Seniors: Veterans Deserve Better

May 30th, 2010 | By | Category: Senior Moments Blog

Of the surviving veterans from the Second World War, only 10% remain alive.  All the other wars we have fought in the interim bring with them their own who served and suffered.  This Memorial Day almost seems an afterthought, even when we are engaged in current wars and hearing of the numbers of deaths contributed by them.  America is, at worst, a country built on war with all kinds of rationales to keep the wars going.  The problem with that is it eats at the heart of us, steals our young, justifies violence in an effort to solve problems that need better means for quelling wars and achieving peace.

This year’s observance seems a temporary distraction.  We are in the throes of so many crises, eating at the heart of our democracy, that there seems to be little time to pause for even a moment to render tribute to those who served, those who died, those who still wear the ribbons of yesterday’s conflicts, as well as those of today.

Our veterans deserve better than that.  If their contributions were of any value at all, they at least deserve the attention and accolades of a day when all the other jumble of today’s chaotic world can be set aside for a few hours.  But we have become so accustomed to distractions, to the rumbling noises of wars and world leaders that lead us into an even deeper morass.  The moral question is “when did war ever solve the great issues of the world,” seems to have been shelved with the assumption that eventually all that we spend of our nation’s wealth, of our nation’s young, of our nation’s integrity will solve the problems of the whole world.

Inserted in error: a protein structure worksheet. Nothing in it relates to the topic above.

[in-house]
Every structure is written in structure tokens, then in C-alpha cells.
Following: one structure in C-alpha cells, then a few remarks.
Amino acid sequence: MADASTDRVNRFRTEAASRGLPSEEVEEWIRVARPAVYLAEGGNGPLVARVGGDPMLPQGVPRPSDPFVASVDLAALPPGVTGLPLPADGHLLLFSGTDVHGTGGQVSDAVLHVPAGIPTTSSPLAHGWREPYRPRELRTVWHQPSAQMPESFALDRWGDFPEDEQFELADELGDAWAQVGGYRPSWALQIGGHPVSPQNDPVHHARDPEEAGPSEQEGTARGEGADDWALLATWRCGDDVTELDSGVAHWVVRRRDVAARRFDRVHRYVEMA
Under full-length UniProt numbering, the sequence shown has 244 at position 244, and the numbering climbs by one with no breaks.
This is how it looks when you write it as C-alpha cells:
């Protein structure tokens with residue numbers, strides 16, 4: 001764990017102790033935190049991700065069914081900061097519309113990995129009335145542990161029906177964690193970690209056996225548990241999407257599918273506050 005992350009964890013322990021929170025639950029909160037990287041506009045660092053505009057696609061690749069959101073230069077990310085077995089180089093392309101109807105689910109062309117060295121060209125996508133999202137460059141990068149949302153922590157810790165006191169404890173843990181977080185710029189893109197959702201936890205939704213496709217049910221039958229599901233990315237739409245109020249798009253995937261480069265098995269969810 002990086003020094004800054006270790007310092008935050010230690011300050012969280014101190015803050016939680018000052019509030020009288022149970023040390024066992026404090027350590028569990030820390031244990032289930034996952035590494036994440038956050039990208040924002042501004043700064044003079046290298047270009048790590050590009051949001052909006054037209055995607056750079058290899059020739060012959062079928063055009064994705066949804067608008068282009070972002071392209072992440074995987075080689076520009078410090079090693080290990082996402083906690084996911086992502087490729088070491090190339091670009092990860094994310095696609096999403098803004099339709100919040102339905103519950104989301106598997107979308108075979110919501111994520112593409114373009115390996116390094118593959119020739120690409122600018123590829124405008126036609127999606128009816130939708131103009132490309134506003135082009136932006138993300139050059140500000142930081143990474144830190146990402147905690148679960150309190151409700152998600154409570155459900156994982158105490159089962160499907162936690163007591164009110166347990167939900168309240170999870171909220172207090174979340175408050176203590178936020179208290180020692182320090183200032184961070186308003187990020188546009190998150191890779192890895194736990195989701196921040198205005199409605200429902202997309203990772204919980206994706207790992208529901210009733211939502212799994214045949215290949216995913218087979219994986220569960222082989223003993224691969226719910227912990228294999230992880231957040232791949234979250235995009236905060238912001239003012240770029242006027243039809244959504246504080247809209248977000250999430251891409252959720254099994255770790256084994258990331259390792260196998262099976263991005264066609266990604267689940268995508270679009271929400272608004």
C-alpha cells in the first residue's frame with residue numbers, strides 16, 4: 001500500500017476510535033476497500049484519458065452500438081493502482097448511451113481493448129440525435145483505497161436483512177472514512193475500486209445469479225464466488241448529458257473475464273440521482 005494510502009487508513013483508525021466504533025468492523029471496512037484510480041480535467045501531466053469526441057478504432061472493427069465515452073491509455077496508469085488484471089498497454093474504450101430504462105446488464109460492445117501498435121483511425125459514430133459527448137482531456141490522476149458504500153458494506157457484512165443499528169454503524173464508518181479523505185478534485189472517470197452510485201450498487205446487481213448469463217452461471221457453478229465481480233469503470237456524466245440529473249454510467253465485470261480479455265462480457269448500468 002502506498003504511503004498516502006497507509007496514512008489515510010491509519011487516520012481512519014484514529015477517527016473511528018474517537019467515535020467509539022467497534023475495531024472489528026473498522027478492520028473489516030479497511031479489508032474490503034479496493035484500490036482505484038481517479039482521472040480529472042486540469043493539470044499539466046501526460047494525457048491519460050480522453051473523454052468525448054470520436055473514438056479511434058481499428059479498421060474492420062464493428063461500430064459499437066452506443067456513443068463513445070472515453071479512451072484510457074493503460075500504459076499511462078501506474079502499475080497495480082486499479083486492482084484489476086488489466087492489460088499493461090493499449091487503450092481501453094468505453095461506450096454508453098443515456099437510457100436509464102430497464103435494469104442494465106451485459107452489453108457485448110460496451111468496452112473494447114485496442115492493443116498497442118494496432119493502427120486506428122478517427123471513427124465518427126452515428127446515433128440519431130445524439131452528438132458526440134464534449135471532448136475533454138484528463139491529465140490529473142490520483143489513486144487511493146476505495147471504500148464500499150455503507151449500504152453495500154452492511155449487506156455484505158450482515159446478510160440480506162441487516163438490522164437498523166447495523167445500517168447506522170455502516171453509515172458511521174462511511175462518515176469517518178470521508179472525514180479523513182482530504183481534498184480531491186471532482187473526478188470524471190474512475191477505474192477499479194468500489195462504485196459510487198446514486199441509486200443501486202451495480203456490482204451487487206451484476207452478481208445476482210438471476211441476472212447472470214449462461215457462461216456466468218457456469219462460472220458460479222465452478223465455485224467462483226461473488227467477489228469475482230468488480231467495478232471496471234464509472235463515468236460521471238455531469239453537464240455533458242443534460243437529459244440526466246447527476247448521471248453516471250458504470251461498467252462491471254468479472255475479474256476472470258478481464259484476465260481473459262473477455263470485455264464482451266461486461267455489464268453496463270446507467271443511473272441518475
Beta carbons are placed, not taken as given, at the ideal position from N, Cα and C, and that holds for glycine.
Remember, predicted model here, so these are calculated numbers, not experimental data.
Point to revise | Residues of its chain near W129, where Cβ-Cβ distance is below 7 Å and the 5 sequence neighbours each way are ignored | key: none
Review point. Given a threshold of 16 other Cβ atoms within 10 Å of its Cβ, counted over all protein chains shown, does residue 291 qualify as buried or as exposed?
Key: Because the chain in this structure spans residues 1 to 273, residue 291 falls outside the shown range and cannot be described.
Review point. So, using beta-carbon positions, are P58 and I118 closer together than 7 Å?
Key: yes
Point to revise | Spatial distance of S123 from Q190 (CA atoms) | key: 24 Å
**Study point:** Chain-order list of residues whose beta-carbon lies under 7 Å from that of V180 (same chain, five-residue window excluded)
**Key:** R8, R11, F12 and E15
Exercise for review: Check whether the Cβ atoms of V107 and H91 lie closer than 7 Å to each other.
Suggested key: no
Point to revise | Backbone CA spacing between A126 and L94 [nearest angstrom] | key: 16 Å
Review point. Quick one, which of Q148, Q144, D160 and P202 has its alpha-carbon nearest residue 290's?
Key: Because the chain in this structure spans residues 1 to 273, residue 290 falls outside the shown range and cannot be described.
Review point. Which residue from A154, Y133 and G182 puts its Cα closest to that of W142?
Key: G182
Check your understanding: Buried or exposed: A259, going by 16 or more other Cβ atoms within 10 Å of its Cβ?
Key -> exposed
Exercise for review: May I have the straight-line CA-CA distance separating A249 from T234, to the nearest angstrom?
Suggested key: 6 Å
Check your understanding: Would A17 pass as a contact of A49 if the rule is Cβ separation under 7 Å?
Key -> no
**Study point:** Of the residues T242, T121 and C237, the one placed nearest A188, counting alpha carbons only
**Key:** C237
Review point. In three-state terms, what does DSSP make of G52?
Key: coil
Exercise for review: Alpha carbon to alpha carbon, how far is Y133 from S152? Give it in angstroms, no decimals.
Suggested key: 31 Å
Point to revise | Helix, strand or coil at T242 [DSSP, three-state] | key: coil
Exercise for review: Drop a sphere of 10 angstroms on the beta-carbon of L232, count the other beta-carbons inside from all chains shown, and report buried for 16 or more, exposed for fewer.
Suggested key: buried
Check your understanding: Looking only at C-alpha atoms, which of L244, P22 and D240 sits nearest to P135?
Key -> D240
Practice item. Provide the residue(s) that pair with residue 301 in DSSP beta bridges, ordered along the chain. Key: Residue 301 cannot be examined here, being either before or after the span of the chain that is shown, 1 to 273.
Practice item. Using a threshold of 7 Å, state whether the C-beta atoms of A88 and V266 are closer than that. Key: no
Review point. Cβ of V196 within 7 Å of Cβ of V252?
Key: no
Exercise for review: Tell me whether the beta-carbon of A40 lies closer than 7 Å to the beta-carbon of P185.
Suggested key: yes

With swirling tides of oil spoiling the Gulf, with the economy in shambles, with the national debt now above a trillion, on its way to a centillion, with unemployment plaguing the lives of hundreds of thousands, with soldiers’ families paying the price of loneliness and heart ache, why can’t we show some compassion and caring, not just for 24 hours, but in our national priorities and policies?  Why can’t we take on at least one of the large issues, make decisions to reduce its need for so much of our attention, and move on to other of the plagues now affecting the body politic? 

This Veterans day, in some way, in some act of deep appreciation, whether we agreed or agree with the wars fought and the politics that prompted them, can we at least muster up enough sensitive compassion for all those who lost limbs, eyesight, suffered major trauma or died?  In the face of a time when there is so much discord let us find at least one thing that enables us to be solid Americans, united around something other than conflict and disagreement.

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